* EP&E 297b / ECON 471b, Topics in Cooperative Game TheoryPradeep Dubey

The theory and applications of cooperative games. Topics include matching, bargaining, cost allocation, market games, voting games, and games on networks. Prerequisite: intermediate microeconomics.
F 9:25am-11:15am

* EP&E 305a / AFST 366a / HIST 367a / PLSC 364a, Bureaucracy in Africa: Revolution, Genocide, and ApartheidJonny Steinberg

A study of three major episodes in modern African history characterized by ambitious projects of bureaucratically driven change—apartheid and its aftermath, Rwanda’s genocide and post-genocide reconstruction, and Ethiopia’s revolution and its long aftermath. Examination of Weber’s theory bureaucracy, Scott’s thesis on high modernism, Bierschenk’s attempts to place African states in global bureaucratic history. Overarching theme is the place of bureaucratic ambitions and capacities in shaping African trajectories.
W 1:30pm-3:20pm

* EP&E 306a / PLSC 228a, First Amendment and Ethics of LawKaren Goodrow

This course addresses the First Amendment and freedom of speech, focusing on the ethical implications of restrictions on free speech, as well as the exercise of free speech. Course topics and discussions include the “fighting words” doctrine, hate speech, true threats, content regulated speech, freedom of speech and the internet, and the so-called “right to be forgotten.” By the end of the course, students recognize the role free speech plays in society, including its negative and positive impacts on various segments of society. Students also have an understanding of the competing interests arising from the First Amendment’s right to free speech, and can analyze how these competing interests are weighed and measured in the United States as compared with other countries.  SO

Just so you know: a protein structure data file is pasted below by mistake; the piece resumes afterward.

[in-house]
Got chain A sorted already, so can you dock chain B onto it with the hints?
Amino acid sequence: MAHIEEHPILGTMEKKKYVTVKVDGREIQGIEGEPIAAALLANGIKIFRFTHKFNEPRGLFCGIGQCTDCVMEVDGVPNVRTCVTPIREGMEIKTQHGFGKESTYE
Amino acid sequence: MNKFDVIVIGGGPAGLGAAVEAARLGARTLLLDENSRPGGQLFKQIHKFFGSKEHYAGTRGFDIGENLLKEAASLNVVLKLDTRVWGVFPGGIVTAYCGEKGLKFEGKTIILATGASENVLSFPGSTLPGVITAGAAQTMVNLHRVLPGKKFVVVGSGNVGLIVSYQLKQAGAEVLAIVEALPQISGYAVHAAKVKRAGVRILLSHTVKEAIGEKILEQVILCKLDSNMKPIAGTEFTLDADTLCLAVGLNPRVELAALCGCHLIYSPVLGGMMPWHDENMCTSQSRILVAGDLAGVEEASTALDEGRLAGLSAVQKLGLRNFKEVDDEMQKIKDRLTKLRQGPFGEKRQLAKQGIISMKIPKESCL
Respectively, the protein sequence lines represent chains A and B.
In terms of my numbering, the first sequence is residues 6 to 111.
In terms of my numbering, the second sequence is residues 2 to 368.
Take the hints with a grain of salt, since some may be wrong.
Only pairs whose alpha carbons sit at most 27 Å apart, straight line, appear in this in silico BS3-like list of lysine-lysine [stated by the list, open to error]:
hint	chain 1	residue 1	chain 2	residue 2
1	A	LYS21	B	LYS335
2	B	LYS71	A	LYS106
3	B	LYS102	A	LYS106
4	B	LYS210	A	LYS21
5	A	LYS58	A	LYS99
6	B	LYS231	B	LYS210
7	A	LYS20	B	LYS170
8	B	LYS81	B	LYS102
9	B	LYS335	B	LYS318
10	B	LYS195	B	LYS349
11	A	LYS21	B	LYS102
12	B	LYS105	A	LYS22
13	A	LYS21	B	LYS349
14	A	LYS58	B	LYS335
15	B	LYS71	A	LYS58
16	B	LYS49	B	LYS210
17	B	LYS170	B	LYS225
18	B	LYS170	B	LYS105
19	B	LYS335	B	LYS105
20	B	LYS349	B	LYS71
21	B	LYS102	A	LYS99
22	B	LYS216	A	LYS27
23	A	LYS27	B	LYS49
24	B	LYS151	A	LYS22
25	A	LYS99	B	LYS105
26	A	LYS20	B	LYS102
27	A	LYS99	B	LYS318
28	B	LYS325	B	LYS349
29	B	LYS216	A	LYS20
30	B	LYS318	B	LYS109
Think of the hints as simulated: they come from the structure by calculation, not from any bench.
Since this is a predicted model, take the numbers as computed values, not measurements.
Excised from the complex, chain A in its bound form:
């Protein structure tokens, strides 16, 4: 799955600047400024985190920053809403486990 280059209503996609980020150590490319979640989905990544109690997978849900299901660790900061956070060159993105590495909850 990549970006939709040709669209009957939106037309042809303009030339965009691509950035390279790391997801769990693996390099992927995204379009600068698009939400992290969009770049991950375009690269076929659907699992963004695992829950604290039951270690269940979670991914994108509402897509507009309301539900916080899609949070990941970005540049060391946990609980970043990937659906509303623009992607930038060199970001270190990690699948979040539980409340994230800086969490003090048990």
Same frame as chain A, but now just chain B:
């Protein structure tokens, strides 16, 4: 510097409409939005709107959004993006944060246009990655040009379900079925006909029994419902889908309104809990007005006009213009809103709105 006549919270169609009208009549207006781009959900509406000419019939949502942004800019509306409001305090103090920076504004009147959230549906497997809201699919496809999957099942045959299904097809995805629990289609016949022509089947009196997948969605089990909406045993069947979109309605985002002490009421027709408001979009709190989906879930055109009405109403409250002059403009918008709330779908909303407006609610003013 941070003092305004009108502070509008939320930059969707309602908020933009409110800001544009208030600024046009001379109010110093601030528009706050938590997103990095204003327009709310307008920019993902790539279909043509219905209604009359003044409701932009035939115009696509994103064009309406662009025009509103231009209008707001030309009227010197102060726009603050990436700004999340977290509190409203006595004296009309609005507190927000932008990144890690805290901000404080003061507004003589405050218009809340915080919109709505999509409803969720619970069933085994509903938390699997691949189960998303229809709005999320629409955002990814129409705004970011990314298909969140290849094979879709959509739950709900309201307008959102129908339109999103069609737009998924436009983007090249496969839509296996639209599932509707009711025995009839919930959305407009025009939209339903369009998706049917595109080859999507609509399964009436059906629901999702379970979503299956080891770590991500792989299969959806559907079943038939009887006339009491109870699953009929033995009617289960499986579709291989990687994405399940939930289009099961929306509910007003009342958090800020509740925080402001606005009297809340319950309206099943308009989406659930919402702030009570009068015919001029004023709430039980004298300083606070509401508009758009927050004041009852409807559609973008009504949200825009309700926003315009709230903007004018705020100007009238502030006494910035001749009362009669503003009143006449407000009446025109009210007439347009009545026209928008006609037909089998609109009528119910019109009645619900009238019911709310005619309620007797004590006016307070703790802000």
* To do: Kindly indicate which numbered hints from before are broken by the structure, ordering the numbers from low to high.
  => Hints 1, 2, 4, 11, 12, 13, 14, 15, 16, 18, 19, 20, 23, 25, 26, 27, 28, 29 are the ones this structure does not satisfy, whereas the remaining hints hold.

W 6:30pm-8:20pm

* EP&E 313a / ECON 209a, Economic Analysis of LawRobin Landis

This course is intended to provide an introduction to the economic analysis of law. We examine the economic rationale(s) underlying various legal doctrines of both common law and statutory law, as well as the economic consequences of different legal doctrines. Previous coursework in economics, while helpful, is not a prerequisite for the course.  SO
T 3:30pm-5:20pm

* EP&E 314b, Political EpidemiologyGregg Gonsalves

Political epidemiology is the study of the impact of welfare regimes, political institutions, and specific policies on health and health equity. This course emphasizes the last among these—the effects of specific policies—on health outcomes in infectious diseases and other areas of human health and development. The course takes an issues- and methods-based approach, looking at how to evaluate the effects of political determinants of health (e.g., immigration, education, fiscal and environmental policies) through experimental and quasi-experimental methods, as well as various techniques associated with policy modeling (e.g., Markov models, systems dynamics, microsimulation, spatial models). Prerequisite: Introductory course in statistics; MATH 241 or a similar introductory course in probability is recommended but not required.  SO
W 1pm-2:50pm

* EP&E 328a / PLSC 347a / S&DS 172a, YData: Data Science for Political CampaignsJoshua Kalla